Angel Investing | Business Planning | Startups

Cost of Equity Formula Using DDM, CAPM, and Private Companies

By | June 23, 2021

From a company’s perspective, there are two methods for raising capital: debt and equity. Debt is usually less expensive than equity because the debtholder’s returns are fixed and finite. You can also deduct interest expenses from your tax burden, which is an advantage of using debt financing. 

But there are many reasons a company would want to raise equity capital and therefore must understand their cost of equity. Investors will also likely conduct a similar analysis for different reasons, but it’s good to align cost of equity expectations. 

Cost of equity means different things for different stakeholders. We will cover these differences shortly, but first, let’s define what this metric is. 

What Is the Cost of Equity?

Cost of equity is the return an investor expects to receive to compensate for the amount of risk inherent in the investment. From the company’s perspective, this is viewed as a cost because if the investment does not produce returns, the investor will likely sell, driving the value of the underlying investment down. 

From the investor’s perspective, “cost of equity” is read, “expected return.” From the company’s perspective, it’s read, “expected growth.” 

How to Calculate Cost of Equity

There are two common ways to calculate the cost of equity, depending on how the underlying company returns on investment. The first, is the dividend capitalization model, which intuitively takes dividend yield into account when calculating cost of equity. The second, the capital asset pricing model or CAPM.

Dividend Discount Model

The DDM formula for calculating cost of equity is the annual dividend per share divided by the current share price plus the dividend growth rate.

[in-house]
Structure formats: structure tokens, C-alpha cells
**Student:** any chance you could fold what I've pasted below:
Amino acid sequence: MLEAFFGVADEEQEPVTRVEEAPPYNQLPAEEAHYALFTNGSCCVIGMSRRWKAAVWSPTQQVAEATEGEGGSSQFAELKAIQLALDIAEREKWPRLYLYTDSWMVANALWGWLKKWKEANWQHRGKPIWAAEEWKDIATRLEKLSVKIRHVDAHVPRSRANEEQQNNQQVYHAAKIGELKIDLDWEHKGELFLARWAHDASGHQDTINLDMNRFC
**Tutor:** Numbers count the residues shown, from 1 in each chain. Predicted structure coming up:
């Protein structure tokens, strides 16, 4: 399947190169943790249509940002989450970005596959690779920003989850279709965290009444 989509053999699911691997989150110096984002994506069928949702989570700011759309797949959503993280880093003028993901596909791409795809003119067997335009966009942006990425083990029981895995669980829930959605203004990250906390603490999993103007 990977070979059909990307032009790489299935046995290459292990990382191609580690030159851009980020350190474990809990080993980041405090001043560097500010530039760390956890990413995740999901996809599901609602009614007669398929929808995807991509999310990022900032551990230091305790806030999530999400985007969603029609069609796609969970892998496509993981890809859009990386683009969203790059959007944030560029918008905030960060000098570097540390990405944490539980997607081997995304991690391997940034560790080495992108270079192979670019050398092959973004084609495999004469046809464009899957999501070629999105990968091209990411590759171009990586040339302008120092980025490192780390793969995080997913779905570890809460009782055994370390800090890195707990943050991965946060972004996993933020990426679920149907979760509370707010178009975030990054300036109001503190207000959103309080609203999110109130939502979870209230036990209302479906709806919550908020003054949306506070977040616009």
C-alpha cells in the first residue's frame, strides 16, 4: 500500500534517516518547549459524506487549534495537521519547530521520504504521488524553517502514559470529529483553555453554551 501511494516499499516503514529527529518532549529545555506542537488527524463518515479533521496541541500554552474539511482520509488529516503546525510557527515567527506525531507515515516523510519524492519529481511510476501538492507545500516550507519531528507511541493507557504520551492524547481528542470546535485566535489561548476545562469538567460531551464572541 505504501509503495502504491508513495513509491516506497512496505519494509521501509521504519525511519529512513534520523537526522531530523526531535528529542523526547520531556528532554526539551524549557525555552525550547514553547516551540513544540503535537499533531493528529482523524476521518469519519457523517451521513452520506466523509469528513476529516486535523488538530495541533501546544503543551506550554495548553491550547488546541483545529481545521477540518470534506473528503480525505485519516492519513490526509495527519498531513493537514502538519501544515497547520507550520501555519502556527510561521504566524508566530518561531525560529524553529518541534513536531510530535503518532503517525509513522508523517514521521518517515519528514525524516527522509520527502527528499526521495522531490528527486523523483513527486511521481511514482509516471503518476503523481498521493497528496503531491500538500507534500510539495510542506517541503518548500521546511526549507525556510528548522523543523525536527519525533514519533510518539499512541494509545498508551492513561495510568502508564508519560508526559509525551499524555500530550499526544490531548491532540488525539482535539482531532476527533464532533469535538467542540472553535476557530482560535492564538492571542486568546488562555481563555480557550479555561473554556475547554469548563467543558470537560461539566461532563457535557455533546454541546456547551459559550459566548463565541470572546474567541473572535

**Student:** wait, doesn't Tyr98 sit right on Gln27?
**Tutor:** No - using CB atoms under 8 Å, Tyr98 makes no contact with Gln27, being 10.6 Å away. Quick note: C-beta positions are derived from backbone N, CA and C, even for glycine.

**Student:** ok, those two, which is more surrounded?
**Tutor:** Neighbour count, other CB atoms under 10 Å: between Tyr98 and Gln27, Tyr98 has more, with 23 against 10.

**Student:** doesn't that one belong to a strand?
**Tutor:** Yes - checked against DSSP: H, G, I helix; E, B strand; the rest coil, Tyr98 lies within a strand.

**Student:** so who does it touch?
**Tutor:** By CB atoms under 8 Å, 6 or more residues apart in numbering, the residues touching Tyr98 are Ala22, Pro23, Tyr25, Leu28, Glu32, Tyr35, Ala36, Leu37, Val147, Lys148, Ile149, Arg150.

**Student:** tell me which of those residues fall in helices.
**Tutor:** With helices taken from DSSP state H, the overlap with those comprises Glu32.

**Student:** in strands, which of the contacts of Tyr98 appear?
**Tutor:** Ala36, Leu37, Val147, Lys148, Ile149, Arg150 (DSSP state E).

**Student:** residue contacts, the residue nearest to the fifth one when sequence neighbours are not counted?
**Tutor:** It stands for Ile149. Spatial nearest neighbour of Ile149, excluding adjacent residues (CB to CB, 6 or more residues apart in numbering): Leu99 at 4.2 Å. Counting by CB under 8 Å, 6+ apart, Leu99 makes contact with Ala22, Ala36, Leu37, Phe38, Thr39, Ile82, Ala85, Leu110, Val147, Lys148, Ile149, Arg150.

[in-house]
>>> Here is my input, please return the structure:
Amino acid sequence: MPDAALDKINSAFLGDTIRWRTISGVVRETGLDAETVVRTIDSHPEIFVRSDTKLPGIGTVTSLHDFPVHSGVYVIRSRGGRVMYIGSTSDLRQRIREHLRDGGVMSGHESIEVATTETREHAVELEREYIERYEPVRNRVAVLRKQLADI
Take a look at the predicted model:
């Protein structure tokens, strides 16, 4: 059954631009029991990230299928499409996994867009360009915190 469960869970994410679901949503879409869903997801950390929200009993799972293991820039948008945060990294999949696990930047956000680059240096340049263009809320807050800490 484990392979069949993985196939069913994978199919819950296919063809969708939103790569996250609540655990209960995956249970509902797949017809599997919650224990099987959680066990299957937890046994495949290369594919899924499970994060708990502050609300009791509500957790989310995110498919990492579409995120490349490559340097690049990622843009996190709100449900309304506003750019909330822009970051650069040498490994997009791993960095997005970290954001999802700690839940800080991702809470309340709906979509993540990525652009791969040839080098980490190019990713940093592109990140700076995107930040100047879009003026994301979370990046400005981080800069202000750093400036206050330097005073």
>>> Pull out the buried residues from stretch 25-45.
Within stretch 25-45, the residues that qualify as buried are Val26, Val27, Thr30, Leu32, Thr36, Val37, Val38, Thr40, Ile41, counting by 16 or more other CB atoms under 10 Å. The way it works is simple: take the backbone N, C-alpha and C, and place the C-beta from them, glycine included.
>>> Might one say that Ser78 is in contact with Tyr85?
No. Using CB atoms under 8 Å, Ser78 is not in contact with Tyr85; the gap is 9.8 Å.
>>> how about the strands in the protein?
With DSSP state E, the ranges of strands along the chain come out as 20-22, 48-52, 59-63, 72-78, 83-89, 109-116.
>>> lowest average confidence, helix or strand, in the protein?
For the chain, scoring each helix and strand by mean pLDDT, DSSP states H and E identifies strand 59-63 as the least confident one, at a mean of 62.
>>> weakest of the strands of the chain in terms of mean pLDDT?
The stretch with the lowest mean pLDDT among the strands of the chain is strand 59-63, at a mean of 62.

As you can probably guess, this method of calculating the cost of equity only works for investments that pay dividends.

cost of equity formula using the dividend capitalization model aka dividend discount model.

Let’s cover an example of the dividend capitalization model. We will calculate the cost of equity before deciding whether to invest in Coca-Cola (KO), a company that has paid dividends since 1893. 

Today, the annual dividend is $1.68 per share and the stock currently trades around $55. The dividend growth rate has been 3.60% per year for the last three years. Using this information, we can calculate the cost of equity: 

Cost of Equity = $1.68/$55 + 3.60% 

= 6.65%

This means that as an investor, you expect to receive an annual return of 6.65% on your investment. 

Capital Asset Pricing Model (CAPM) 

The capital asset pricing model, or CAPM, is a method for evaluating the cost of equity for an investment that does not pay dividends. Instead, the CAPM formula considers the risk free rate, the beta, and the market return, otherwise known as the equity risk premium. 

cost of equity formula using the capital asset pricing model or CAPM.

The risk free rate of return is what investors expect to receive when making an investment in something with essentially zero risk. Typically, investors use the yield of US treasury bonds as a proxy for the risk free rate because there is almost no risk of default.

Beta is a measure of correlation between a position and broader market moves. Beta can be positive or negative. If a position has a beta of one, it is perfectly correlated with the broader market and will tend to closely follow the price action. If beta is a negative one, it is perfectly inversely correlated with the market and prices will move in the exact opposite direction. Beta can be zero to indicate no correlation, or greater than one to express heightened volatility.